Please read this carefully. This document outlines the information that you will be expected to provide and the expectations of our hiring team.
WILDERNESS MEDICINE INSTRUCTORS NEEDED
Thank you for your interest in Sergeant Rescue. Attached you will find a copy of the position description with a list of requested application information for the Wilderness Instructor Training Course (WITC).
When organizing your resume, please emphasize and highlight the following areas:
Please see the subsequent pages in this packet for more details regarding qualifications. Applications are requested on a regular cycle posted at the end of this document. We will review applications and conduct phone interviews with the most qualified candidates. Invitations to the WITC in State College, Pennsylvania are extended to qualified candidates after each interview cycle. Please note, though the price has not yet been set, there will be a tuition charge to cover food, lodging and materials during the WITC. WITC course tuition is generally projected at $750 per accepted applicant.
We look forward to welcoming some our inaugural new staff onto our team of wilderness medicine educators. Please don't hesitate to contact us if you have any further questions.
Jason Tartalone, WEMT-P, TP-C, NRP
Sergeant Rescue Training & Consulting
SRTC WILDERNESS MEDICINE INSTRUCTOR POSITION DESCRIPTION
REVISED: FEB, 2018
Sergeant Rescue Wilderness Instructor Training Course (WITC) graduates teach courses ranging in length from two to nine days on a year-round basis. Our new staffing plans are regionally centered. However, instructors may be expected to teach throughout the United States. Teaching days vary from 8 - 12 hours and may include evenings. Sergeant Rescue is asking it’s new instructors to commit to at least 40 days of teaching per year for a minimum of 3 years. This will include a mix of two, three, and ten-day courses. Once you are WITC complete you may also begin to branch out into some of the other aspects of SRTC’s Wilderness Division. You can begin to train and become certified to teach our NASAR courses and possibly some of our wilderness rescue programs.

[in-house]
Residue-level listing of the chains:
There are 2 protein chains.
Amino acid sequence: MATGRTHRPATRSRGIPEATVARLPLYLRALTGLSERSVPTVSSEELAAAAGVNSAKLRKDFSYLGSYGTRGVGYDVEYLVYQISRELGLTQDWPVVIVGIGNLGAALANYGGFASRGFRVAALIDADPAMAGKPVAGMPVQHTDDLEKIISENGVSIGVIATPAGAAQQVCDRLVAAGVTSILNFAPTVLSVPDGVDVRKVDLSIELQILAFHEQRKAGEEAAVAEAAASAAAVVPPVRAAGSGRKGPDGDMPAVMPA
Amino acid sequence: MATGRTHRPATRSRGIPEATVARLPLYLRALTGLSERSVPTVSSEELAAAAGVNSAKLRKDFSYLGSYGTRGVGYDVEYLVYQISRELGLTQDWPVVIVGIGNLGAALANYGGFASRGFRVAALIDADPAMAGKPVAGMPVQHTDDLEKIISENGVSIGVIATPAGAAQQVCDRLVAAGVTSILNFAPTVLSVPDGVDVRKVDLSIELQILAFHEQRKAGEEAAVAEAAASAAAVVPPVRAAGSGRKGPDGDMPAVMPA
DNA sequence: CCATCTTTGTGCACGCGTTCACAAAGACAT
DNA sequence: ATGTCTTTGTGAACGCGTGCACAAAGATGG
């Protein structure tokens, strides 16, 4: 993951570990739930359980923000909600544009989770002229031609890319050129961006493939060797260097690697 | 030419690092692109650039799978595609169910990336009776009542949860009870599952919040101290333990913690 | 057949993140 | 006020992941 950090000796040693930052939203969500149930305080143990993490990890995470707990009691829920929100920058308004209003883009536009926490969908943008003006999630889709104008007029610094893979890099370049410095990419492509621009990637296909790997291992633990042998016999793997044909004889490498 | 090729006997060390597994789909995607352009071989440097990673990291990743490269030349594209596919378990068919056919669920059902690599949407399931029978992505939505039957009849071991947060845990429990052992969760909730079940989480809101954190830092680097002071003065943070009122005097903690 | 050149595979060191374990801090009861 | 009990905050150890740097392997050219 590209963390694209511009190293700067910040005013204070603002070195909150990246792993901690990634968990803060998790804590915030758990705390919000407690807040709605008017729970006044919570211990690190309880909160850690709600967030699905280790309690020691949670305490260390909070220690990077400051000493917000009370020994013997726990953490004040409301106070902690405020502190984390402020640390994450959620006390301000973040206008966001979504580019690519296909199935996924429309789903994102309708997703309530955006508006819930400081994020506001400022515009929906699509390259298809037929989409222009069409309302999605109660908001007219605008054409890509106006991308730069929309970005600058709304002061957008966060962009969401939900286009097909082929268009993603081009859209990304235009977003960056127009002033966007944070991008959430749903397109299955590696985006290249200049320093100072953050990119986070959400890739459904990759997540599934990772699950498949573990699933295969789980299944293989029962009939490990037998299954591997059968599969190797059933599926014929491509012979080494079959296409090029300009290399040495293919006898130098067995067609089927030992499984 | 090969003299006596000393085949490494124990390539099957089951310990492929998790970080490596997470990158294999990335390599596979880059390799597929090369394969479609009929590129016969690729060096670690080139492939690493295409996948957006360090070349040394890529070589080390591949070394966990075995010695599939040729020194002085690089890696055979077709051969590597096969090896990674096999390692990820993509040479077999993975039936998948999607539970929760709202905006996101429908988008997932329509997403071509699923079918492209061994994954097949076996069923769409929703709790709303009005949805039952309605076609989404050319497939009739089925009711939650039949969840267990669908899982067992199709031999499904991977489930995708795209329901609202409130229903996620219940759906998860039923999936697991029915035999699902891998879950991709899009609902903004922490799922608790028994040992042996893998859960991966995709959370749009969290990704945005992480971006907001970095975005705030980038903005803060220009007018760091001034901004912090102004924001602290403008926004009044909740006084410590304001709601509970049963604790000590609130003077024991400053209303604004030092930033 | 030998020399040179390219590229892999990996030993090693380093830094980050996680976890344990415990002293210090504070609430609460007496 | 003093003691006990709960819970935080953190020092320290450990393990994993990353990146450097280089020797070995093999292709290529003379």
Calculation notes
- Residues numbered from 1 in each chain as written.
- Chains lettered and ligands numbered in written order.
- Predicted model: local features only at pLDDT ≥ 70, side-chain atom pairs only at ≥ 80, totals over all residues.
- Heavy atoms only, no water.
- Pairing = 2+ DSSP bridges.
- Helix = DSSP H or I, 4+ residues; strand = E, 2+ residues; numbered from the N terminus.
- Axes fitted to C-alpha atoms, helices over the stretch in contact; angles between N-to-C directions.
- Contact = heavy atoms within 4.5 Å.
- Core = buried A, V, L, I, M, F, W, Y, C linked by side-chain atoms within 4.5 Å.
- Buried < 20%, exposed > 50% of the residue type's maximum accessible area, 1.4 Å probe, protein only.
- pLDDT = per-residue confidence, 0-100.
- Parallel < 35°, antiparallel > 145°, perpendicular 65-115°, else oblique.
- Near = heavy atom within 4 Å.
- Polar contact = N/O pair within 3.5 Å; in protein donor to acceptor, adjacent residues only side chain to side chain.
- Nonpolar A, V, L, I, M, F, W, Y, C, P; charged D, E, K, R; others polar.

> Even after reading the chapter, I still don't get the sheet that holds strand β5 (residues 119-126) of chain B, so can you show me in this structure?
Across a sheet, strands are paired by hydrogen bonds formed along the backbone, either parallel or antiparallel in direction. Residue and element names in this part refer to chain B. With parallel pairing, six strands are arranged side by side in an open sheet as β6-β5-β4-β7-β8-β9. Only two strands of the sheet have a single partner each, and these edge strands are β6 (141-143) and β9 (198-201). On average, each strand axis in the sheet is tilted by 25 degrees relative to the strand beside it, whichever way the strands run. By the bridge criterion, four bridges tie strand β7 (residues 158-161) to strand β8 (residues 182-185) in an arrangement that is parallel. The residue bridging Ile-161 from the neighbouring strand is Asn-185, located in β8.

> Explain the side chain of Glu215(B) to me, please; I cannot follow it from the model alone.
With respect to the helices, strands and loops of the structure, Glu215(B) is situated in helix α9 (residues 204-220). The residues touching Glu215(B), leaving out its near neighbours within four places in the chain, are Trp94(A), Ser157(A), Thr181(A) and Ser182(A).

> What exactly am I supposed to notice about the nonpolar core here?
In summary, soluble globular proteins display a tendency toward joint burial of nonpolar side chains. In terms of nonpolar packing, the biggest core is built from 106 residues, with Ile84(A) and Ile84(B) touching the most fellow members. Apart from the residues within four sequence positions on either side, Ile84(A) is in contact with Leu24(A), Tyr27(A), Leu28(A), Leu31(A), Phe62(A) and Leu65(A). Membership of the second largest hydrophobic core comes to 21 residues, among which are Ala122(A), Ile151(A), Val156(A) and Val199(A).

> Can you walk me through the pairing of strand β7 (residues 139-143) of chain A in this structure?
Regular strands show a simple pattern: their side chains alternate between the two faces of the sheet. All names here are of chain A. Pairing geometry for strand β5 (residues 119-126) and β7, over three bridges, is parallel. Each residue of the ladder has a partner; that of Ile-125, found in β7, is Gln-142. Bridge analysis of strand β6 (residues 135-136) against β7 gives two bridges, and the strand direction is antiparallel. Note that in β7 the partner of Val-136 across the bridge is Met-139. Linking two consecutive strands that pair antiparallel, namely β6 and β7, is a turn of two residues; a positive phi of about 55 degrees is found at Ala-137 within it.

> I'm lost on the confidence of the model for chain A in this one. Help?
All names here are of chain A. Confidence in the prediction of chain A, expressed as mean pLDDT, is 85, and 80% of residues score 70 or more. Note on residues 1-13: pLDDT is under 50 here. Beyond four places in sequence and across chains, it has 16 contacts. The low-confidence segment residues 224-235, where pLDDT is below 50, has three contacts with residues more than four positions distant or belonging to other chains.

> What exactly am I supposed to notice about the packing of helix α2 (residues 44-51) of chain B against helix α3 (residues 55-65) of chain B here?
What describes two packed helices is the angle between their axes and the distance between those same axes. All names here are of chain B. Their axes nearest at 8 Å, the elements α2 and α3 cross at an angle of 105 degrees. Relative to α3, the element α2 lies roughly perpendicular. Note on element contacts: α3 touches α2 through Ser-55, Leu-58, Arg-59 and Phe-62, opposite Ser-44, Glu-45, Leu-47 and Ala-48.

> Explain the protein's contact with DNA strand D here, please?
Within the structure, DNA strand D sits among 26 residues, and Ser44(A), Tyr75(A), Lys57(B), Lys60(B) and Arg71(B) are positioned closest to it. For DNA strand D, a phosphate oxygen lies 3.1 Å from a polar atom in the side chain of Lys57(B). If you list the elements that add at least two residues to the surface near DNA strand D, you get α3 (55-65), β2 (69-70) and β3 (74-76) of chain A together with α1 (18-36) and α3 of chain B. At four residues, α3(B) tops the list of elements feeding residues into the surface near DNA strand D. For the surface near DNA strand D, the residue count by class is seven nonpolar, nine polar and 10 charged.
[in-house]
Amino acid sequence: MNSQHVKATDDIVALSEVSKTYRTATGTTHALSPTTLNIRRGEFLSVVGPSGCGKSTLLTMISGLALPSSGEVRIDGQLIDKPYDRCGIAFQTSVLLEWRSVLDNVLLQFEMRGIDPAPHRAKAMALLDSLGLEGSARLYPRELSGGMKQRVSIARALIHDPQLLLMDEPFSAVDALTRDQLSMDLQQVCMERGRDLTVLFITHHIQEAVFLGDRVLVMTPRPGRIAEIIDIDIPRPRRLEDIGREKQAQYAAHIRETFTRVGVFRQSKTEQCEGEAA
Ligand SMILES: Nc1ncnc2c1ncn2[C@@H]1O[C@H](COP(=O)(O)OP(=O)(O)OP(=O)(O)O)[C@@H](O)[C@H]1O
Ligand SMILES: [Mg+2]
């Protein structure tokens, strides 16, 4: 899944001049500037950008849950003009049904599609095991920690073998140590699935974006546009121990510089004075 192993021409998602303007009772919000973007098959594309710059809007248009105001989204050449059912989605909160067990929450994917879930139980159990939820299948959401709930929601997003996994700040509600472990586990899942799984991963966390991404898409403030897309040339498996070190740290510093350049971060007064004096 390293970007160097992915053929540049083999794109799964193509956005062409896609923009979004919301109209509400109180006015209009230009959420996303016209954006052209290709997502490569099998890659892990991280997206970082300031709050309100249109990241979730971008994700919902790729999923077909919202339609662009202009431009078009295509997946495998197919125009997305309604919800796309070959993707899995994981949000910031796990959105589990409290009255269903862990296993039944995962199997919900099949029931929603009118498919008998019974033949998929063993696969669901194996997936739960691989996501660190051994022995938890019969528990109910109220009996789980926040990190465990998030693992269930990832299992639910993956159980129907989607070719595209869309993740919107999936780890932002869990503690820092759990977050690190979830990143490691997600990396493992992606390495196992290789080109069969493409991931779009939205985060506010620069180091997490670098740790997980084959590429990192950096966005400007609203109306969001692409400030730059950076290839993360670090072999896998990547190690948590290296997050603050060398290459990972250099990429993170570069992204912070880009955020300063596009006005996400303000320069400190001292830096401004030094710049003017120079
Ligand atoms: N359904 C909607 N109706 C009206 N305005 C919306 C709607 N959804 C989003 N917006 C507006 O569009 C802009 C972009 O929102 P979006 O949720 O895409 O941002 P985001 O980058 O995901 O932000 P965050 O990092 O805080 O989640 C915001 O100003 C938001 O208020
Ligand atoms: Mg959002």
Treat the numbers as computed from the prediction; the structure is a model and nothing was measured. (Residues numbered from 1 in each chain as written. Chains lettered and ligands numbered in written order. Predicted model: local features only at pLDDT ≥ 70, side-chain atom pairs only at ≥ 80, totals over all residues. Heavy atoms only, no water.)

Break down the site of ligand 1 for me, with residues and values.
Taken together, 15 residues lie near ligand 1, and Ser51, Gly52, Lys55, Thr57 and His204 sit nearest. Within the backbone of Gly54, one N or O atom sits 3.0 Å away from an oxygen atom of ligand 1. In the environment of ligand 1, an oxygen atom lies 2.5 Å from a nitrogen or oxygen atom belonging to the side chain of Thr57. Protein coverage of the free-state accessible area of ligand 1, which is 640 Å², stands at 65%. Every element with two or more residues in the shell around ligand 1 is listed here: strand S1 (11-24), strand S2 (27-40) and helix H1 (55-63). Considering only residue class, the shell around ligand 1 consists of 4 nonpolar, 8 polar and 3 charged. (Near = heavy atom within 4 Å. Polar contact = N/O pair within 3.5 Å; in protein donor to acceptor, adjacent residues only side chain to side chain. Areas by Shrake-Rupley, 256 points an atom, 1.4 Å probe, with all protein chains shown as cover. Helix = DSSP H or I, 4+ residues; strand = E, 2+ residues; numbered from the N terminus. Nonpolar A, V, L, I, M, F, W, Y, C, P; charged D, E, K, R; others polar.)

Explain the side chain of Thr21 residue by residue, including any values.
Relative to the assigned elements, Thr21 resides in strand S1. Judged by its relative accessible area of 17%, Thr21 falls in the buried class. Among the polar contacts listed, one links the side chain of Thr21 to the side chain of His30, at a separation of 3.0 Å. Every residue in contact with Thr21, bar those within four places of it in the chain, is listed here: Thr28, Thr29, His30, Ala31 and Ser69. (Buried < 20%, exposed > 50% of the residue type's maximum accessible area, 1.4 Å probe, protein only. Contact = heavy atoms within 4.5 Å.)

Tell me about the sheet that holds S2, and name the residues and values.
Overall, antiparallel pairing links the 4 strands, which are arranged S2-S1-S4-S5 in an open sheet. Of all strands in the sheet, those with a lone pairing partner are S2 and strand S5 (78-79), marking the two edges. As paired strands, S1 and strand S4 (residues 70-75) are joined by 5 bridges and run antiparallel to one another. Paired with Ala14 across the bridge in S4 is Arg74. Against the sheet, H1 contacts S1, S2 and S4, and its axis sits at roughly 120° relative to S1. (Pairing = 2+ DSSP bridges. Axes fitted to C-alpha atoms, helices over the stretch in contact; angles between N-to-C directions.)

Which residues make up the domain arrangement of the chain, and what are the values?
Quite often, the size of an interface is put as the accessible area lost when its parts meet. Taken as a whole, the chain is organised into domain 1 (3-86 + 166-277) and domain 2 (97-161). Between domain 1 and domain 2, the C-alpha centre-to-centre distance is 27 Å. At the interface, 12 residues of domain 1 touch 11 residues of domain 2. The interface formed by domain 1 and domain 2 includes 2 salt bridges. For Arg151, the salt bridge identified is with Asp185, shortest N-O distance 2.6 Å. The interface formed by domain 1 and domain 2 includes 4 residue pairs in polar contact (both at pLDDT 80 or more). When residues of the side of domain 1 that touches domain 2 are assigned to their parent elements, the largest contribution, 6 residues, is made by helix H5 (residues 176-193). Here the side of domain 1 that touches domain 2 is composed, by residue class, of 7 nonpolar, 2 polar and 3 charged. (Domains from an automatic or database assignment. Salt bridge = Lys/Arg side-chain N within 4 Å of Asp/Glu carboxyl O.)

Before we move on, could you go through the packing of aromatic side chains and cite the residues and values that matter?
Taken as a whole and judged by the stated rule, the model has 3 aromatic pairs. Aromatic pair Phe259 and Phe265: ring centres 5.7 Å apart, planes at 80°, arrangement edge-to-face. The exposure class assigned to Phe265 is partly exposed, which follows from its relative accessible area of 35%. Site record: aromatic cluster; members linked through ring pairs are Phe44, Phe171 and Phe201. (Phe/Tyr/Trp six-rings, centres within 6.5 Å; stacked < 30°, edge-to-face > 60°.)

Responsibilities and Travel Opportunities
The life of a wilderness medicine instructor includes traveling long distances to course locations and dealing with a variety of living situations. In addition to providing outstanding and thorough lectures on medical topics and supervising students' hands-on learning, your responsibilities will also may include collecting course fees, keeping accurate paperwork, collaborating with course sponsors, managing challenges and overseeing course equipment.
In addition to meeting the basic qualifications, SRTC instructors are expected to have excellent interpersonal skills, to be very professional, and to be great storytellers. A great sense of humor, including the ability to laugh at oneself, is highly encouraged as well. The more personality you can put into your teaching, the more likely the students will retain what you are telling them.
Medical Background & Patient Care
Does taking the WFR ITC certify me to teach WFR courses on my own?
Will I be required to do any annual training with SRTC to maintain my instructor status?
How many spots are available in the WITC?
Can I host a WITC at my location?
Wilderness Instructor Training Course Application Process
REVISED: Feb, 2018
Complete the online application. After which you will receive several documents and possibly be asked to provide additional documentation.
The application package must include:
Following an application review, qualified applicants receive a phone interview. Offers to attend the Wilderness Instructor Training Course (WITC) will be made to the most suitable applicants after interviews are completed. Employment contracts are extended to WITC participants who pass the WITC and are ready to be hired at the end of the WITC. Ongoing evaluations occur after each course contract to evaluate your continued employment.
"TRAINING FOR CHAOS"